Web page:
Breast Skin Reinnervation following Mastectomy
Amelia Van Handel, Thomas Tung.
Washington University, Saint Louis, MO, USA.
Skin-sparing mastectomy is a morbid and disfiguring procedure. Breast reconstruction contributes to the patient's recovery both physically and psychologically. However, the spared native breast skin remains insensate which can be annoying and bothersome at the least, and can cause paresthesias and chronic pain at its worse. Over time, some sensitivity may slowly return but it remains crude and very abnormal. The use of innervated flaps for reconstruction can help to restore some sensation but the flap skin paddle is often a small portion of the reconstructed breast surface, the majority of which is made up by denervated native breast skin. Reinnervation of the native breast skin has not been previously described. Our objective is to report a small series of patients who have undergone reinnervation of their native breast skin at the time of mastectomy.
After the mastectomy was completed, and at the time of tissue expander placement, the native breast skin was reinnervated by intercostal sensory nerves. Our first patient underwent direct nerve repair as we were able to identify distal sensory nerves on the mastectomy skin flaps and severed proximal sensory nerves. However we have not been able to consistently identify the distal sensory nerves on the breast skin in subsequent patients and we therefore developed an alternative technique of harvesting intercostal sensory nerves for transfer. These were then coapted directly to the dermis of the underside of the mastectomy skin flaps for sprouting. Usually 2 intercostal nerves were used per side. This technique also provides extra nerve length to help accommodate tissue expansion. Tissue expander placement proceeded in a standard manner and the nerve transfer coaptations were completed with fibrin glue just prior to skin closure to prevent disruption of the nerve transfers during expander placement. The transferred intercostal sensory nerves were also positioned to avoid disruption at the time of second stage implant exchange. Sensation was evaluated postoperatively by Semmes-Weinstein filaments, 2-point discrimination, and patients completed a breast pain questionnaire.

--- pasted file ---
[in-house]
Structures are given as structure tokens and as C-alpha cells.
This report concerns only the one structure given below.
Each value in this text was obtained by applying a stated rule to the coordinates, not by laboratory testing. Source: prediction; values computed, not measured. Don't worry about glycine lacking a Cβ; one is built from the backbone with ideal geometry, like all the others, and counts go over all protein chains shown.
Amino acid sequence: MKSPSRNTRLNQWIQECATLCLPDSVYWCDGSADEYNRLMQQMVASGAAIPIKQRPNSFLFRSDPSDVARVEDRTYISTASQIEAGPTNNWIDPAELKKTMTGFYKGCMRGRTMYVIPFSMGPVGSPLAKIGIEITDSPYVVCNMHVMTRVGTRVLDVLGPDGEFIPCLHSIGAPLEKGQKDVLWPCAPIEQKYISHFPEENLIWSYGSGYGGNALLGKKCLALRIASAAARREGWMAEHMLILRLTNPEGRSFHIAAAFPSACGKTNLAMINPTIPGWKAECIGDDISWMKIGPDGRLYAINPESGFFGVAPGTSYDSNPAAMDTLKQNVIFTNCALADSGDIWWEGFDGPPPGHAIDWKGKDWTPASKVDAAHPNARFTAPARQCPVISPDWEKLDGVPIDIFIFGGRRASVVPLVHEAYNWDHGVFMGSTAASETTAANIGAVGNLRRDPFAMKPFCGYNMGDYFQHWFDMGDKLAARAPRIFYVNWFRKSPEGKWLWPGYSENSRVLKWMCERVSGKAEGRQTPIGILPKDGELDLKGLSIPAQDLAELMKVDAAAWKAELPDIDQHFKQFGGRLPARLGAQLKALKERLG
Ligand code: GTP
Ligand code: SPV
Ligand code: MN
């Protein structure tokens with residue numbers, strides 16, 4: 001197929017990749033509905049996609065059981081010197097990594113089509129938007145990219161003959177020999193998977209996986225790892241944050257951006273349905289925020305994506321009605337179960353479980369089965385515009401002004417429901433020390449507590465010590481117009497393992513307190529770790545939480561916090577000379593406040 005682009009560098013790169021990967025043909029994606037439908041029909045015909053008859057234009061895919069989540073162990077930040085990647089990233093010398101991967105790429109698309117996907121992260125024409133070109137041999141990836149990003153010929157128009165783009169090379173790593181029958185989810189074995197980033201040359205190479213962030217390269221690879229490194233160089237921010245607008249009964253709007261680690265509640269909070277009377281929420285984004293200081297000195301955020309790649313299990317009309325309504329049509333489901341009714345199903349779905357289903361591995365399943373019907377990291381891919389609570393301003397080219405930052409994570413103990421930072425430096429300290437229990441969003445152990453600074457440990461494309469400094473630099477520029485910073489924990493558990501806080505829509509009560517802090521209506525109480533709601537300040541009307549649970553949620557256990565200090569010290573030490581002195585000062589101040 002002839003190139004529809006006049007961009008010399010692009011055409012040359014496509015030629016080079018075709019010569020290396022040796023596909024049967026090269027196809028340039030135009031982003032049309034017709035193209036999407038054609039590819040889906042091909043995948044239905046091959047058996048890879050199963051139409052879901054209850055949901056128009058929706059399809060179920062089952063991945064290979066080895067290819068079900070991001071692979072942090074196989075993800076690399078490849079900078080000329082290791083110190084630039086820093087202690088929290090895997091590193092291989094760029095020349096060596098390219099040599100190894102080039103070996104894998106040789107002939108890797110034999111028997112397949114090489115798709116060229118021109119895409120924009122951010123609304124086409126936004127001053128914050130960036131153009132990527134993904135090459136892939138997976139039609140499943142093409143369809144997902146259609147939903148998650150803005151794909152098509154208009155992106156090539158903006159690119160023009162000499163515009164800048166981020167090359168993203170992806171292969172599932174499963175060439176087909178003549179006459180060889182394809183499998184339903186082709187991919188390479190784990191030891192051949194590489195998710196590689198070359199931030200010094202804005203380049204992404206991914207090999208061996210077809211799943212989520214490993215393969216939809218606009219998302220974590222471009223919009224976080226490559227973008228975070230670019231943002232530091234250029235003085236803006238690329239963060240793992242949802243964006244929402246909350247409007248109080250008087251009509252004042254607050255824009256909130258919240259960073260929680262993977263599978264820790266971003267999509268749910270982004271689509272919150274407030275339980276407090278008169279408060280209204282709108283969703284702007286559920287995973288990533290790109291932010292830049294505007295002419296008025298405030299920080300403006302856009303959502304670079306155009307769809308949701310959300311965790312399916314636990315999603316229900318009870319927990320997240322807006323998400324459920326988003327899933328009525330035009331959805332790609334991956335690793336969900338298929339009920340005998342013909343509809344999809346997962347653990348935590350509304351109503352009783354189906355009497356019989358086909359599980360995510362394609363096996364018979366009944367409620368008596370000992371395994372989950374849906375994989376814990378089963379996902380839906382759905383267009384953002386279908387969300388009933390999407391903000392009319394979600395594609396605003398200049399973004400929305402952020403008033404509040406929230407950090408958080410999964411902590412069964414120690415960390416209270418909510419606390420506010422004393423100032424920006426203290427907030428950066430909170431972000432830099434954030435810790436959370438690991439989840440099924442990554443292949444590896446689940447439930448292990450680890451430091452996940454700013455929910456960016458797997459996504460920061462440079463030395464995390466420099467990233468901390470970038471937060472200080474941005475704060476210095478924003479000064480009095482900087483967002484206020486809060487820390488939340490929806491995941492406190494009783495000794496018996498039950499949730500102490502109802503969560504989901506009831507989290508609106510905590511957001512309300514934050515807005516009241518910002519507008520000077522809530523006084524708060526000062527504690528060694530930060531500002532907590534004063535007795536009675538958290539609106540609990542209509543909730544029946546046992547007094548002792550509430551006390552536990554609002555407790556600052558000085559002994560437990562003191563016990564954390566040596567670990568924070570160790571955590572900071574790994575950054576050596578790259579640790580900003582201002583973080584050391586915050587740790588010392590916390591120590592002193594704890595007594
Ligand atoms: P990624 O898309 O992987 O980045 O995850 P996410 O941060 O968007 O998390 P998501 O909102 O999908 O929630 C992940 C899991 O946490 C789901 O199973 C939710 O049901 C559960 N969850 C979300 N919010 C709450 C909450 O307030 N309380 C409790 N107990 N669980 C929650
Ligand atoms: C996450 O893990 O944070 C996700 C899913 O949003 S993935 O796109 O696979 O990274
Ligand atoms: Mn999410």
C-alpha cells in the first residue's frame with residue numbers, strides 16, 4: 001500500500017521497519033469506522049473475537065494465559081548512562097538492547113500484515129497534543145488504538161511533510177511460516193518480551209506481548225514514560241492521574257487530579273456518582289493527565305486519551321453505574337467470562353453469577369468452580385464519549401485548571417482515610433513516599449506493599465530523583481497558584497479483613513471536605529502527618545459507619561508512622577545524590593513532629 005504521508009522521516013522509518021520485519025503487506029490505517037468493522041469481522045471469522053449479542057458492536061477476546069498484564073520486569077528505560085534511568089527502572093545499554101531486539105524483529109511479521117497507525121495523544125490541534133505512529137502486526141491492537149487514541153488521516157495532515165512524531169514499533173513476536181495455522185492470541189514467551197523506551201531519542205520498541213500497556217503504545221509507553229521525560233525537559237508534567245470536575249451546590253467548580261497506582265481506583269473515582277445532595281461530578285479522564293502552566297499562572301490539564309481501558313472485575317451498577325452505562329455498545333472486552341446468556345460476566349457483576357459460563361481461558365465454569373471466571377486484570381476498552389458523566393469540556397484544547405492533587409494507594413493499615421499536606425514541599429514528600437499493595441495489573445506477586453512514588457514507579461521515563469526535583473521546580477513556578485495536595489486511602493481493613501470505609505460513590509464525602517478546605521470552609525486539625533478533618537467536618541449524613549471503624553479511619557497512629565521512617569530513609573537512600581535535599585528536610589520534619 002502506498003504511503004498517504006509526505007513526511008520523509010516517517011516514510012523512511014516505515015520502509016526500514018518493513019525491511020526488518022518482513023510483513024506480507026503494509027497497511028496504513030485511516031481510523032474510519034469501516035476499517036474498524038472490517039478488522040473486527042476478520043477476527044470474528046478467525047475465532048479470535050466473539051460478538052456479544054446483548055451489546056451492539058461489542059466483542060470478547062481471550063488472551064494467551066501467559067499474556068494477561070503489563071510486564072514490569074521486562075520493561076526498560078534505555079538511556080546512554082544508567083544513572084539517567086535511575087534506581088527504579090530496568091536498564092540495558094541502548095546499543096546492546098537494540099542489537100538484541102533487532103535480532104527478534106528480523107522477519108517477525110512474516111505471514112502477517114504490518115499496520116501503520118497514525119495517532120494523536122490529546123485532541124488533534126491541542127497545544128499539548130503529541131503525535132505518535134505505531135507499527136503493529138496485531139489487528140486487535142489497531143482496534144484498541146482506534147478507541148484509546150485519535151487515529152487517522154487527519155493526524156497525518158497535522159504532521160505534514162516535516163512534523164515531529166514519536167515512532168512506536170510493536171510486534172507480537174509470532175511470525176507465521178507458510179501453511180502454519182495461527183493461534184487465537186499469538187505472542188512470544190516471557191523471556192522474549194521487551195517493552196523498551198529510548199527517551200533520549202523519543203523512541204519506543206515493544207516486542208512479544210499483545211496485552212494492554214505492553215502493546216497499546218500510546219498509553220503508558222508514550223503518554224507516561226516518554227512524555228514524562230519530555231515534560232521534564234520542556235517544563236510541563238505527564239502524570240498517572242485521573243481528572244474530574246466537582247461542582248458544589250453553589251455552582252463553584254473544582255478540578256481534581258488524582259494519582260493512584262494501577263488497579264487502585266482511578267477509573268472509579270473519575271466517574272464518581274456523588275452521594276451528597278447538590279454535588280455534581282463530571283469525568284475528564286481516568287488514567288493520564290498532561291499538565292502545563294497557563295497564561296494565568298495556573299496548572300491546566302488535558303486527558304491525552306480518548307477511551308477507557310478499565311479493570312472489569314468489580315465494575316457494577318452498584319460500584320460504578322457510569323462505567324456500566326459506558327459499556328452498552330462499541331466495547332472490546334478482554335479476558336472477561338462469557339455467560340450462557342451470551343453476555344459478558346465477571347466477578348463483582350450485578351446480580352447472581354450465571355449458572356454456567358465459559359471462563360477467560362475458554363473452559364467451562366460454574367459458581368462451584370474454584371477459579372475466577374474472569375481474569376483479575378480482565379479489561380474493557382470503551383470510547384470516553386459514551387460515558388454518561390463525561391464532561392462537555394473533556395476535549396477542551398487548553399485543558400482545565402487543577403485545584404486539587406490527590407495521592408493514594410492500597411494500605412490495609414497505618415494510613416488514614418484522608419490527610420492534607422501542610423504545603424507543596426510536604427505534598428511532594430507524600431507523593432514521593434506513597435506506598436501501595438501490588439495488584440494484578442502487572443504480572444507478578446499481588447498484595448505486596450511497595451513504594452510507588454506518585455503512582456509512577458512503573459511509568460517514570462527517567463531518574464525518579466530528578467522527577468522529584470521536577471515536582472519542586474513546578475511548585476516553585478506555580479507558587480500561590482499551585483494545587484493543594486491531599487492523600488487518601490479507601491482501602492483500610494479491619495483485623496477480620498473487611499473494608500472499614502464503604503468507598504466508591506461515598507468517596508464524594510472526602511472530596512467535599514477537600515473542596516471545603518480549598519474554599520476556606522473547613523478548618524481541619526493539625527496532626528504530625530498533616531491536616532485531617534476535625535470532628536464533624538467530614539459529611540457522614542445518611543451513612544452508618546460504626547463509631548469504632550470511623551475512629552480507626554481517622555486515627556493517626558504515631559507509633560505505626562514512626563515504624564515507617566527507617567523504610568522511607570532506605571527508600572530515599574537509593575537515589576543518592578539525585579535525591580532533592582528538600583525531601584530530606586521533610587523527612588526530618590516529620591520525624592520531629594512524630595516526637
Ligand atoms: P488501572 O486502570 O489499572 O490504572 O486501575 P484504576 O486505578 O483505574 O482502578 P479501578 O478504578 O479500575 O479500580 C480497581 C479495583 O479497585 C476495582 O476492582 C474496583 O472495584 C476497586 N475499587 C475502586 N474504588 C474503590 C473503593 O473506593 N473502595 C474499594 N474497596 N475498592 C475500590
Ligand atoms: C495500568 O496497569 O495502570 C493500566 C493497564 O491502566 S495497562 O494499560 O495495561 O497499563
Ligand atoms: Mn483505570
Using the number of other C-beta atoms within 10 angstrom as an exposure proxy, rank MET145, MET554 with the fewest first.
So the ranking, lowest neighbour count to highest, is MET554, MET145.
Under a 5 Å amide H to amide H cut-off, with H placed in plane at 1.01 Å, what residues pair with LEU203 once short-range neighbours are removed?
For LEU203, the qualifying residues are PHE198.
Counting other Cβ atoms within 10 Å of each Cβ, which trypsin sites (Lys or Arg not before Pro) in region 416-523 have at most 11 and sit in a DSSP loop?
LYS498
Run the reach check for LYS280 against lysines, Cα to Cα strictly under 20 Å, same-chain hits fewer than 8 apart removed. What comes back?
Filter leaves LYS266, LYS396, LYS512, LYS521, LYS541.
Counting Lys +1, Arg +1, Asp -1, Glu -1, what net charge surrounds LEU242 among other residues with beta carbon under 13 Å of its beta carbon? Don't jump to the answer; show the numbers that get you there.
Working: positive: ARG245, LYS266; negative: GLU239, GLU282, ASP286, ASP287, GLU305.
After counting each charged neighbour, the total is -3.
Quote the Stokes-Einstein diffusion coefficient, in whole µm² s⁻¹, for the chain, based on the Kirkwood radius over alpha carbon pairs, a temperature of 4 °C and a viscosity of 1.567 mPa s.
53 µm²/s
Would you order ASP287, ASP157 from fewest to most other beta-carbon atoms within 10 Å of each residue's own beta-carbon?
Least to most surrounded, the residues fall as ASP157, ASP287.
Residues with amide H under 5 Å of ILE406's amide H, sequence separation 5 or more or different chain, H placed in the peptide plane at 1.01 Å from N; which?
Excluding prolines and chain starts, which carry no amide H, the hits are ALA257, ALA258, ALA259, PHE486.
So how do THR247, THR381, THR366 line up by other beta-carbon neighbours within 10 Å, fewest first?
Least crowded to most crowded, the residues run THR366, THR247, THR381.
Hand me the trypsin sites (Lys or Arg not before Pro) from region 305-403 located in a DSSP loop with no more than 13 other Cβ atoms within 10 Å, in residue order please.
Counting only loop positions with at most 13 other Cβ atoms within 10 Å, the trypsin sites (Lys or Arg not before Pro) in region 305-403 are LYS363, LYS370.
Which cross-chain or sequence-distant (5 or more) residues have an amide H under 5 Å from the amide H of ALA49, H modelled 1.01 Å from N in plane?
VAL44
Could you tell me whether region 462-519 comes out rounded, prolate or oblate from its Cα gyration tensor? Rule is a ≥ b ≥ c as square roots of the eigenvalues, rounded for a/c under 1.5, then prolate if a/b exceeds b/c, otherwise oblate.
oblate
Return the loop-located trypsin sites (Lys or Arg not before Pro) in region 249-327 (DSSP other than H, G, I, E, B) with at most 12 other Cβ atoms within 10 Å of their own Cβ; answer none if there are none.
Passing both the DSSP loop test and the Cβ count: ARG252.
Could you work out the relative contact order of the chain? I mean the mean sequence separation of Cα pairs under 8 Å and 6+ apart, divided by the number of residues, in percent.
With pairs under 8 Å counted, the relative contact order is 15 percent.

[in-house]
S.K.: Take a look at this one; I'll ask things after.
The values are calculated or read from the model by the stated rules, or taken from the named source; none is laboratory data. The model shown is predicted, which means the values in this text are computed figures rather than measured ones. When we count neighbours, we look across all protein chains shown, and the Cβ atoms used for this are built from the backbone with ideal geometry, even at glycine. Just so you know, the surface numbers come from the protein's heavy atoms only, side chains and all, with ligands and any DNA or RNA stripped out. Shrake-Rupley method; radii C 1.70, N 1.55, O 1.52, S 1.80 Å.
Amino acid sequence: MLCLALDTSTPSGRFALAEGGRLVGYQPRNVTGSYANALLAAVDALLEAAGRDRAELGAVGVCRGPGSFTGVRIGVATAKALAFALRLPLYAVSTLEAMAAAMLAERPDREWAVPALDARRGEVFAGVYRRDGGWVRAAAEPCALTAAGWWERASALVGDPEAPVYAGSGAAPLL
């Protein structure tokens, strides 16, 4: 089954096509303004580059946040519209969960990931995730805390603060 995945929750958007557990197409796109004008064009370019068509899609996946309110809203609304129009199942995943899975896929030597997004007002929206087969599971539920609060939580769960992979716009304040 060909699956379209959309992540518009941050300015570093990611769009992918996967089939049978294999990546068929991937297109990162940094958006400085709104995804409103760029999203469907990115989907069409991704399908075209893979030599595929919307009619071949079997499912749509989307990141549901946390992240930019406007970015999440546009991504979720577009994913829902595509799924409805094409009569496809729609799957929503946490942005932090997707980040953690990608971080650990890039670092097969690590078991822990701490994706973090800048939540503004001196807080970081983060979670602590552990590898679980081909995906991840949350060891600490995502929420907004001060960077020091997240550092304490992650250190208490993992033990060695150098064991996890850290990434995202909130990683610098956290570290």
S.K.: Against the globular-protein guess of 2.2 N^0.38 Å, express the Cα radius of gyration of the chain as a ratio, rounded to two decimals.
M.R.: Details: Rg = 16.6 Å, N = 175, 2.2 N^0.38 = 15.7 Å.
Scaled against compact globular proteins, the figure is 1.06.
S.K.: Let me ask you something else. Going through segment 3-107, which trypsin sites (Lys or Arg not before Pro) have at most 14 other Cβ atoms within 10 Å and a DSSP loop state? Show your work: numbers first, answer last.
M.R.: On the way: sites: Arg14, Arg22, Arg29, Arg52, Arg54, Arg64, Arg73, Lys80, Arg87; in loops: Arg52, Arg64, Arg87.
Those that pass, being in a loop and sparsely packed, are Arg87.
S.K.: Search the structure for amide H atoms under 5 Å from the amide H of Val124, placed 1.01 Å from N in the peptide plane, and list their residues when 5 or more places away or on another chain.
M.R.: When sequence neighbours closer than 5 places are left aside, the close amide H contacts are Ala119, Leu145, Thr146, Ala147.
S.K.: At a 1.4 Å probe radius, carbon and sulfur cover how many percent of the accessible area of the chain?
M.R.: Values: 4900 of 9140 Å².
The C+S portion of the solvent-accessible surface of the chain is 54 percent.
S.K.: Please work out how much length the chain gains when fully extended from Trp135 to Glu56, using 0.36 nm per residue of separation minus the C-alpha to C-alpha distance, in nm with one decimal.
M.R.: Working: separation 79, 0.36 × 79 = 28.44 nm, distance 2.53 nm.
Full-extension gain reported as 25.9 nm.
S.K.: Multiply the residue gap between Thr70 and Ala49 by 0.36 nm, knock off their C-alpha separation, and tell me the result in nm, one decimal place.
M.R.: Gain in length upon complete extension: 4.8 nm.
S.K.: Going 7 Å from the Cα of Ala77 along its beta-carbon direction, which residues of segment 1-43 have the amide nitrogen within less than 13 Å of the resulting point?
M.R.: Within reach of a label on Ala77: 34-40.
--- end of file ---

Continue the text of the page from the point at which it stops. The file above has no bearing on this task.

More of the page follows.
Five patients have undergone breast skin reinnervation at the time of mastectomy and tissue expander placement, and were compared to an equivalent number of patients who underwent the same procedure without breast skin reinnervation. Follow-up ranged from 6-18 months. Patients who received nerve transfer reinnervation had better return of sensation as measured by both Semmes-Weinstein filaments and 2-point discrimination. Data from patient-completed surveys is still under analysis.
Reinnervation of native breast skin following mastectomy is possible and provides better return of sensation. This may help to provide superior and more complete reconstruction by restoring sensation as well as form. The incidence of chronic paresthesias, discomfort or pain may also be reduced and may contribute to a better quality of life in the long term for breast cancer survivors.
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